I don’t have any serious designs on things to accomplish today aside from maybe coaxing HRH out on her bike later on. So far, all I’ve accomplished this morning was to prepare and crush a homemade Ironman breakfast and enjoy a very exciting Stage 9 of the Tour de France with Toby the “Morning Crack Cat” (albeit a very sleepy and lethargic Toby the “Morning Crack Cat”).
However, now that the beautiful morning bacon and bikes breakfast is over, I’m going to top of the morning now by revitalizing Round #3 of my “Core Project” (Day 1) to this ‘From Another World’ album as arranged and conducted by Sid Bass.
This is one of my own purchases from The Bop Shop in Rochester a few weekends ago …
Okay, May …
I’ve been doing stuff.
Anyway, this is a true cheese jazz classic from 1956 released on the Vik label. It is an attempt of orchestra leader and songwriter Sid Bass (1913–1993) to come up with a vivacious Space-Age album that both enchants and alienates the listener enough to make him or her feel uneasy and well-loved at the same time.
The surroundings work to the album’s advantage indeed. The 12 interpretations of well-known compositions here are all tied together by a common theme: weather phenomenons, moon-related serenades and otherworldly encounters, most likely with bewitching women. While ‘From Another World’ doesn’t feature one single original tune, Sid Bass is able to color the gold standards in his own particular way.
The large orchestra not only features the standard collection of strings, horns and woodwinds, there is also a healthy amount of various mallet instruments and bells on board. They make for varied sceneries of romance, nights out in the bustling city and pipe dreams. All of these encounters, alas, are earthbound. The tone sequences and harmonies aren’t overly weird once the textures of a tune are firmly in place. However, there is an interesting tendency that makes the album worth the Space-Age fan’s while: the prefix and ending of each composition feature very interesting conflations of acoustics, surface-altering effects and mysticism. They frame the symphonic and big band-oriented songs most of the time, though there are genuinely prolonged whole trips of excitement included as well, making ‘From Another World’ an accessible, euphonious artifact of the genre. A closer inspection is thus deserved.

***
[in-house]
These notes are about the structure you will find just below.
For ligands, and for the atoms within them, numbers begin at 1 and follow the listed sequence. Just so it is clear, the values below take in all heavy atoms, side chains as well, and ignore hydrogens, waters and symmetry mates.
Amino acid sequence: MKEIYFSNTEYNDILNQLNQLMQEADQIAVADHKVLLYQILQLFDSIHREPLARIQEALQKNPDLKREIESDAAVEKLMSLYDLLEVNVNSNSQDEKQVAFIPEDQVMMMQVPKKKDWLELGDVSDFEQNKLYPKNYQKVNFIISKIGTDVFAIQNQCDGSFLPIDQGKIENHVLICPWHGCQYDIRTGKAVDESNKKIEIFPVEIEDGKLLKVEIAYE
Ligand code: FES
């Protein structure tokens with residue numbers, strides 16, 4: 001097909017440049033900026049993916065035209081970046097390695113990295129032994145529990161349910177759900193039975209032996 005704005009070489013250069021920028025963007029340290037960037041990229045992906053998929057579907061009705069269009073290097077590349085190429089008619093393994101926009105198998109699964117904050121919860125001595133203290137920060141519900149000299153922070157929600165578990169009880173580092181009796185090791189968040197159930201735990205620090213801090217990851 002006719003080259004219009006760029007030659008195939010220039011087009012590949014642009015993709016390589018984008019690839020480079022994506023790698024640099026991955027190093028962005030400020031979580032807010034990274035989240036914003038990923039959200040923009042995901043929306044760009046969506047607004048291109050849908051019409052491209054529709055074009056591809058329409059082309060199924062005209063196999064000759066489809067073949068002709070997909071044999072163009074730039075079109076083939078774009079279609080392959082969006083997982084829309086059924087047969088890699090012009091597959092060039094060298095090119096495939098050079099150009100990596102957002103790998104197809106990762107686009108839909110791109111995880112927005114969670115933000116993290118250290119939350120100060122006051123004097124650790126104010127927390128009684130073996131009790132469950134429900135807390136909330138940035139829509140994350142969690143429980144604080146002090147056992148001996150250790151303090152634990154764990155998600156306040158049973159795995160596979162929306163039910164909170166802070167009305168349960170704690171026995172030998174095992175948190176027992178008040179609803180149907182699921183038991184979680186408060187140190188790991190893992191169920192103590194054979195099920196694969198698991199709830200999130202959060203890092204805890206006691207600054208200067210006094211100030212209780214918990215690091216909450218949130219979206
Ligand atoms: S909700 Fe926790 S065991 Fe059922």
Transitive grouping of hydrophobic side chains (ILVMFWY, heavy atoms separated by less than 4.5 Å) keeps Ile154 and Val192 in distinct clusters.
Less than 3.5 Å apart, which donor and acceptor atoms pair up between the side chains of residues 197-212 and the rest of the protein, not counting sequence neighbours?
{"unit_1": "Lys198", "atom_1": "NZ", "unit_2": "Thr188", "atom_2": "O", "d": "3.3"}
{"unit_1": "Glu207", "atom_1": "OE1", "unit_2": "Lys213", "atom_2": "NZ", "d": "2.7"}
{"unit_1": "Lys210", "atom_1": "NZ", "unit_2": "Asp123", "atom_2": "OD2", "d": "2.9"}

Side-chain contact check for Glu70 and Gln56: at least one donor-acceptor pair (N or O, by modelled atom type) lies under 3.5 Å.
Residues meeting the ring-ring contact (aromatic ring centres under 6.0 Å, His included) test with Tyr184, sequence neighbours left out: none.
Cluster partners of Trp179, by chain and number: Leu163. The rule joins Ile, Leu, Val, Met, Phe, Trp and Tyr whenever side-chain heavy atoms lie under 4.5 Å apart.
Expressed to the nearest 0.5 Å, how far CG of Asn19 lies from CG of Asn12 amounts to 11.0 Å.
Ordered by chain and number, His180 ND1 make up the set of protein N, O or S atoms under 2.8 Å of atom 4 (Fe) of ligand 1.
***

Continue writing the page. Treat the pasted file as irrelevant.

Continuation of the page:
And off we go with the title track that is already inspirational enough to keep the album spinning. ‘From Another World’ is originally penned by Lorenz Hart and Richard Rodgers, transmogrified here into an eerie nullspace of neon helixes … at first. The prelude is indeed delightfully spacy and eldritch, comprising of whirling strings of suspension, echoey cymbals and glistening crystals. After 35 seconds, this exciting reticulation is already over and leads to a more streamlined interpretation of the source material. The brass layers, harps and flutes are mellifluous, the swinging rhythm romantic, and only the occasional warped string cascade and scything brass propulsion bring back the galactic notion here and there. E.Y. “Yip” Harburg’s and Burton Lane’s ‘Old Devil Moon’ is even more streamlined. After a pulsating aureole of sub-zero frost, a perfectly earthbound guitar-centric cannelure opens up and lets the good old Friday night show tune atmosphere outshine all cosmic catenae. The xylophone and flute blotches are still offering a good punctilio in this setting.